I don’t mean to make you feel pressure.

Thank you. You’re the only one because all of your colleagues say, “So, do you feel the pressure?” I never do things fearing I could do right or wrong. I just do it because I just follow my guts. This is really how I did it for Elektra because I was just amazed by all the comics. I was good for me to get inspired by the them and I just follow my guts for the rest. You have to let go and do what you think is right. I never thought of it before but now that I’m doing a few interviews and hearing that, I still don’t feel the pressure to be honest but I’m hoping that people will love this Elektra that I’m presenting her as much as I loved her, because I really cared about her and I just hope that they will welcome her. But if not, Elektra will move on. It’s fine. 

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How did you feel when you first saw yourself in the full Elektra costume?

How did I feel when I wore it first or when I saw myself? Because that’s different. When I wore it at first, it needed a bit of work to be practical so I wanted to be very comfortable. We needed to do tweaks to be able to move and do all the crazy choreography. Then once this was done, then when I saw myself in the mirror I said, “Okay, I get it. I’m badass. I’m ready to go and kill people, no problem.”

Elektra is Greek. Do you have any Greek background or feel comfortable playing a blended ethnicity?

Yeah, she’s Greek in the comics. This is not something that they insisted on, the writers and Marvel. I think what they were looking for is someone who could embody a character, a woman that has traveled, that came from Europe, that had a weird accent and they were quite happy with mine. I guess it’s not a Greek accent but I don’t believe that Elektra, who’s traveled the world, would have a thick Greek accent anyway. So she has Greek ethnicity, that origin but that’s not something we address really in our version. Although it’s mentioned in the first series, but I think what they’d like is to have this European accent.

Having a whole season of Daredevil to watch before you got the part had to help you more than maybe some auditions you’ve had for a brand new show.

Well, when I was auditioning I didn’t know it was Daredevil. Everything was secret. They’re secret agents. They wouldn’t give you any clues. I was a big fan of the show and I think it helped me, once I got the part, to really understand the world that they live in. It helped me during shooting. Other than that, not really because it was really a blind audition. Like, “Okay, just go in the dark and have fun.” I just didn’t know what it was for.

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Did you watch Daredevil after you found out?

No, I watched it already. I really liked the show so I was very excited about this. Yes, all the stuff while I was doing the second season, I was already relating to the first season. I knew the world and I knew the fact that this was a very grounded superhero show, which to me actually wasn’t like a superhero show. It was more about the characters. I cared about Karen. I cared about Foggy. I cared about Matt Murdock when I was just a fan and just watching the series. Knowing I would go into this world which is a very grounded, gritty and dark show, it was a plus for me to know that.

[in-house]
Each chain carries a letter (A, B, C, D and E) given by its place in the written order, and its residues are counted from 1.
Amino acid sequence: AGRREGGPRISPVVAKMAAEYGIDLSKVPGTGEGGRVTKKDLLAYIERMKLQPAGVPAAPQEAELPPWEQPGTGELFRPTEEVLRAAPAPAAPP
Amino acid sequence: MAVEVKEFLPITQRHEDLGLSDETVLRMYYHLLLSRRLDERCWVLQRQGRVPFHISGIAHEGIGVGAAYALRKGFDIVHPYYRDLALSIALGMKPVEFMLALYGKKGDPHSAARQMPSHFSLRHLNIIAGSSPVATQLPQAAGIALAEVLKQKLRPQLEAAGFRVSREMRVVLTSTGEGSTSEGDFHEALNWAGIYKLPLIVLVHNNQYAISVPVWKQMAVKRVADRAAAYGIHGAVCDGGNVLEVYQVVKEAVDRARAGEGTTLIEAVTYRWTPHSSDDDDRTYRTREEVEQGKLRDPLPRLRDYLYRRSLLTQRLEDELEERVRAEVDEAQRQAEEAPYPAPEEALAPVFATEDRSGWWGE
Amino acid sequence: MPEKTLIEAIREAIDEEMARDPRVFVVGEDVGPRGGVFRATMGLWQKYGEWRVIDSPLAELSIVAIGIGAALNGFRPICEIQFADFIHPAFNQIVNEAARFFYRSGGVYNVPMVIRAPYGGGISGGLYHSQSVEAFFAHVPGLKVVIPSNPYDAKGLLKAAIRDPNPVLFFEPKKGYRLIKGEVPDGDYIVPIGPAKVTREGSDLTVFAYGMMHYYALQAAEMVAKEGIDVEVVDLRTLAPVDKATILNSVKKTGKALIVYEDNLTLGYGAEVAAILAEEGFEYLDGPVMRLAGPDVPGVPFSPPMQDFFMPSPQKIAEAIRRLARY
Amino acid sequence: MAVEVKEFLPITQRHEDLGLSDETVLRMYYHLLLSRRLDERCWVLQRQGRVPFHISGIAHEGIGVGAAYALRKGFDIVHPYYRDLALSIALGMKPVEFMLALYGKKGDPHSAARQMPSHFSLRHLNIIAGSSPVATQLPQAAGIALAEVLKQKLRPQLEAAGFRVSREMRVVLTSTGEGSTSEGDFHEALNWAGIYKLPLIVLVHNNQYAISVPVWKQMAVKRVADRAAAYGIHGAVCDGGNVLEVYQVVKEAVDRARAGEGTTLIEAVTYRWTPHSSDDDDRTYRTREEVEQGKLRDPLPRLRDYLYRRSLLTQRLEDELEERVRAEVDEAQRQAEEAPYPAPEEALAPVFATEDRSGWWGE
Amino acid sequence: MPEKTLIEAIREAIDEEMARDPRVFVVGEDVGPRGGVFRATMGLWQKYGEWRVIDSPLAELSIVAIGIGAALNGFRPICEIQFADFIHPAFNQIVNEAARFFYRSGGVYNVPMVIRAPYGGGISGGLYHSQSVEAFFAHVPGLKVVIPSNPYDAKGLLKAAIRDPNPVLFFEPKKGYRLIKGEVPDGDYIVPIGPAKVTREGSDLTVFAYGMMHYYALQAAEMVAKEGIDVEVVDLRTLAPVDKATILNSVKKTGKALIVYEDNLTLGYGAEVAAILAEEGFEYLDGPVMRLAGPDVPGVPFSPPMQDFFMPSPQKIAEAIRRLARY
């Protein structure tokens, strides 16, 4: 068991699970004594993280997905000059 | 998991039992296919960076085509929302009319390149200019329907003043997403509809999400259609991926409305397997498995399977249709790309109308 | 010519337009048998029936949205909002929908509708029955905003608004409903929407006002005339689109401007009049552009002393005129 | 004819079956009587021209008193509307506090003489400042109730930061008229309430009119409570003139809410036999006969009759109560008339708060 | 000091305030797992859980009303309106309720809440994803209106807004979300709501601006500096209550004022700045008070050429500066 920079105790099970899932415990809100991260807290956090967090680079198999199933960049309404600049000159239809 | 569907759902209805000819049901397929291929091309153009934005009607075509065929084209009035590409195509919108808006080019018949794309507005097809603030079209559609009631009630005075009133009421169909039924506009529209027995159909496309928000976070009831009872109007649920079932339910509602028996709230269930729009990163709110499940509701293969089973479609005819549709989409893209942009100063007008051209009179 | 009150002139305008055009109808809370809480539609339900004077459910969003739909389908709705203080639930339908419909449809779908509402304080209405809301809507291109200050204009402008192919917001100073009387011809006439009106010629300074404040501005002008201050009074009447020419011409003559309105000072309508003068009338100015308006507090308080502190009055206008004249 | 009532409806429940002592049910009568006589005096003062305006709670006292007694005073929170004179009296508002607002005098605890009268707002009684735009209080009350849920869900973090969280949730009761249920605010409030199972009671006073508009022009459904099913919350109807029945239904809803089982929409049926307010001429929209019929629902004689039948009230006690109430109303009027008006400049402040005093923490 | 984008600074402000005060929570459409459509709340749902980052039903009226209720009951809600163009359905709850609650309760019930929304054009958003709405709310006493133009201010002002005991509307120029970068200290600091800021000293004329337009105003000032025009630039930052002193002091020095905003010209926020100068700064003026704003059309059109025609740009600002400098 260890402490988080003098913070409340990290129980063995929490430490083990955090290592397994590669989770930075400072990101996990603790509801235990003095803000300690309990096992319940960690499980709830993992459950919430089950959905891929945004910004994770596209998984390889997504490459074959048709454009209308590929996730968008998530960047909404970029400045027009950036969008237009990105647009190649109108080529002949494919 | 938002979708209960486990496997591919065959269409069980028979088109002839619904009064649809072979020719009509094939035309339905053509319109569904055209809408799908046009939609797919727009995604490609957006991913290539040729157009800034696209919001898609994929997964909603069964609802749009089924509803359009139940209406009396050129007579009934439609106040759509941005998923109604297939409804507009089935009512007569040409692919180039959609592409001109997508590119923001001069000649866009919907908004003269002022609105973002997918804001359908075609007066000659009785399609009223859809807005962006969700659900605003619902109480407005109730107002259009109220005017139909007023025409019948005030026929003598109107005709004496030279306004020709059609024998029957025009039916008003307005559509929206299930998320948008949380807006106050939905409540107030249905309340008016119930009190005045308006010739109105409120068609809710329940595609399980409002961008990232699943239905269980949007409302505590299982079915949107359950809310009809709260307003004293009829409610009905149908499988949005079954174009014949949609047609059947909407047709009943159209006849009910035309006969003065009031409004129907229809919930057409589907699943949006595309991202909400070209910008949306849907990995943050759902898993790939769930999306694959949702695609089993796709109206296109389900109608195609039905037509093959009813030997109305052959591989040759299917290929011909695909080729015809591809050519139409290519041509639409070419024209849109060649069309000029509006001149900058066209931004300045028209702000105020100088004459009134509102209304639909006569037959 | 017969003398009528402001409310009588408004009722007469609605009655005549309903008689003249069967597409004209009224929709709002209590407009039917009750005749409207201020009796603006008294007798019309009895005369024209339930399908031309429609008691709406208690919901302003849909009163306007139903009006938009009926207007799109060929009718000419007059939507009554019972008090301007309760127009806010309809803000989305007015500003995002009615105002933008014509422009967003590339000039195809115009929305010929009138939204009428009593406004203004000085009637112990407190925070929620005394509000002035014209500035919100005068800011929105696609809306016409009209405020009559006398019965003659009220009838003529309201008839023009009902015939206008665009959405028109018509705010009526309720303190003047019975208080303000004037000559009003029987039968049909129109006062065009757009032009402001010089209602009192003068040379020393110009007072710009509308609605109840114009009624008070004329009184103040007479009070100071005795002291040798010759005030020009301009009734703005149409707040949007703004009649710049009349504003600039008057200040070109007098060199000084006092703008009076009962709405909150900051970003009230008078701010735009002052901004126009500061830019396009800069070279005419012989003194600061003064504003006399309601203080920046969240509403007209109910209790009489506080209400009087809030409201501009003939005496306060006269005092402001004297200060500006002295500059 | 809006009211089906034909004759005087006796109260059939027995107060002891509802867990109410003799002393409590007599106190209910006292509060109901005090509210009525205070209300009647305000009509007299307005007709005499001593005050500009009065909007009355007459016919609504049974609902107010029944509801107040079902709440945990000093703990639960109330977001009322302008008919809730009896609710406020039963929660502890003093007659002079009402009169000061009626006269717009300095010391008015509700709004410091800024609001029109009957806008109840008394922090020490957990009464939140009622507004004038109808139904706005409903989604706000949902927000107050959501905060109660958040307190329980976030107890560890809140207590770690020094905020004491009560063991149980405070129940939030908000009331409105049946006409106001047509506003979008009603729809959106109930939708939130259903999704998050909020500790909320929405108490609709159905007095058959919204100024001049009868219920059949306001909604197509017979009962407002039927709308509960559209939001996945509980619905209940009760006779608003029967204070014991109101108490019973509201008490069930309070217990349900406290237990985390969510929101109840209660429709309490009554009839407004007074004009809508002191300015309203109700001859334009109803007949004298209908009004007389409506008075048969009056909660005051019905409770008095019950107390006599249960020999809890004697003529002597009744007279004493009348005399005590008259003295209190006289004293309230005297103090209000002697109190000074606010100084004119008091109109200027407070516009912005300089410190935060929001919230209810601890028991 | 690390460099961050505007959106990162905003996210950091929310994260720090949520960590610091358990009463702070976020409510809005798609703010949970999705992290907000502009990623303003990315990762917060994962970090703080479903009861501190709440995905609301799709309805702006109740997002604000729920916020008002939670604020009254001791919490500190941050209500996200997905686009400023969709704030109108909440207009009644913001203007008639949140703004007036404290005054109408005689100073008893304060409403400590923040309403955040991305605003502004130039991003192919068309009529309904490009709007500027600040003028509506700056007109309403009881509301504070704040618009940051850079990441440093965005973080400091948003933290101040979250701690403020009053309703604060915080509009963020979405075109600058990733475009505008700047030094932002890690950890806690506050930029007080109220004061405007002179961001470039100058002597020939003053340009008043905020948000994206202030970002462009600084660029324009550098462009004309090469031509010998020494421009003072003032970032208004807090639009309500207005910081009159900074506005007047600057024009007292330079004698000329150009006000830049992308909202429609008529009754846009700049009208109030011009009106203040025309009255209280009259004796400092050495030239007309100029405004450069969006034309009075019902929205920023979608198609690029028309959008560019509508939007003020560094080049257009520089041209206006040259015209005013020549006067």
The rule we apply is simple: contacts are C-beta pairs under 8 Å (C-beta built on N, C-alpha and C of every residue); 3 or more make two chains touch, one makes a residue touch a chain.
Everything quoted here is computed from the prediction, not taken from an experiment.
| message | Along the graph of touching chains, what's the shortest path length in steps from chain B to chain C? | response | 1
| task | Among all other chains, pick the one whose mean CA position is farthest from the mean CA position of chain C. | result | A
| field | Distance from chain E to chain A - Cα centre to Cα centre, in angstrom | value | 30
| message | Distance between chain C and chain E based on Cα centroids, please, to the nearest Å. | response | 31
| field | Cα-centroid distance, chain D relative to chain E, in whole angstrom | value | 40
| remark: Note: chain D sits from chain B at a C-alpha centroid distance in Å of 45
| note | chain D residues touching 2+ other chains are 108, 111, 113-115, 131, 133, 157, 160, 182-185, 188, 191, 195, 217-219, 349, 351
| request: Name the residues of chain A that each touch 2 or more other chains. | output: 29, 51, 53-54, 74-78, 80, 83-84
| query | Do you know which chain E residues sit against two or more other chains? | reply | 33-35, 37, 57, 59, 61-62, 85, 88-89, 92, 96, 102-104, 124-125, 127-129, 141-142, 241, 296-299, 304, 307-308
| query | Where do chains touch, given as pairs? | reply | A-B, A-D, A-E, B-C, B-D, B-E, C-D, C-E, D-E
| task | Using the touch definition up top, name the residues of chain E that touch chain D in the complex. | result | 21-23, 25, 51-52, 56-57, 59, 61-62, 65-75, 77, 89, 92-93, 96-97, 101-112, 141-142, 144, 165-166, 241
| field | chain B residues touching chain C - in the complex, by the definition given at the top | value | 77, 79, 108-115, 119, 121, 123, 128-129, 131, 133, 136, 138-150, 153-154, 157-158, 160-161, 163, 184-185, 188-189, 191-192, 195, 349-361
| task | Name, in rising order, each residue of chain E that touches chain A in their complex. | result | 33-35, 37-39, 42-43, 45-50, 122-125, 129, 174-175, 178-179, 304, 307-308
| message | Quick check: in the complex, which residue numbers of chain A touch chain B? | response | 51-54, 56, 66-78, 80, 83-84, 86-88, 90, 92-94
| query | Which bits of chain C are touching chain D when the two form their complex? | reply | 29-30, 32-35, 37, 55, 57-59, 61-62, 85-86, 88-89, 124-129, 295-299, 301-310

And did the cast welcome you into their fold?

They did. They are the best. Seriously, it’s not always the case. You always have a bad apple on a show or something like this. It happens anywhere, work, colleagues. Not everyone always gets on with each other. This is a really great group of people, the cast, the crew, the directors we worked with and the Marvel people as well. It’s a very collaborative work. It’s a very healthy environment in a way that people are putting the best in their job. Everybody working on these shows, they’re really trying to do their best because they believe in what they’re doing and they really like the show. The artistic side of it is flourishing. You can really express yourself and work hand in hand with everyone. I couldn’t believe that I booked a job like this. It’s a dream job, seriously. The character is fantastic and the environment is great to express yourself. When I got on the show, Charlie was like, “Elodie, I know what it is to be on the second season of a show. It’s not always easy so let’s just organize a little dinner for us just to get to know each other.” He was just an English gentleman. It was so nice of him, so it was good.

Anyone at Marvel give you any specific issues of comic books?

No, nothing very specific. They didn’t tell me, “This is the line that we’re following.” Some of the writers definitely got inspired by some of the story lines but we are evolving in the Daredevil story. So when it comes to Elektra, they didn’t follow one of her specific story lines, you know. They really tried to capture what comes through the comics, but there’s not one specific storyline.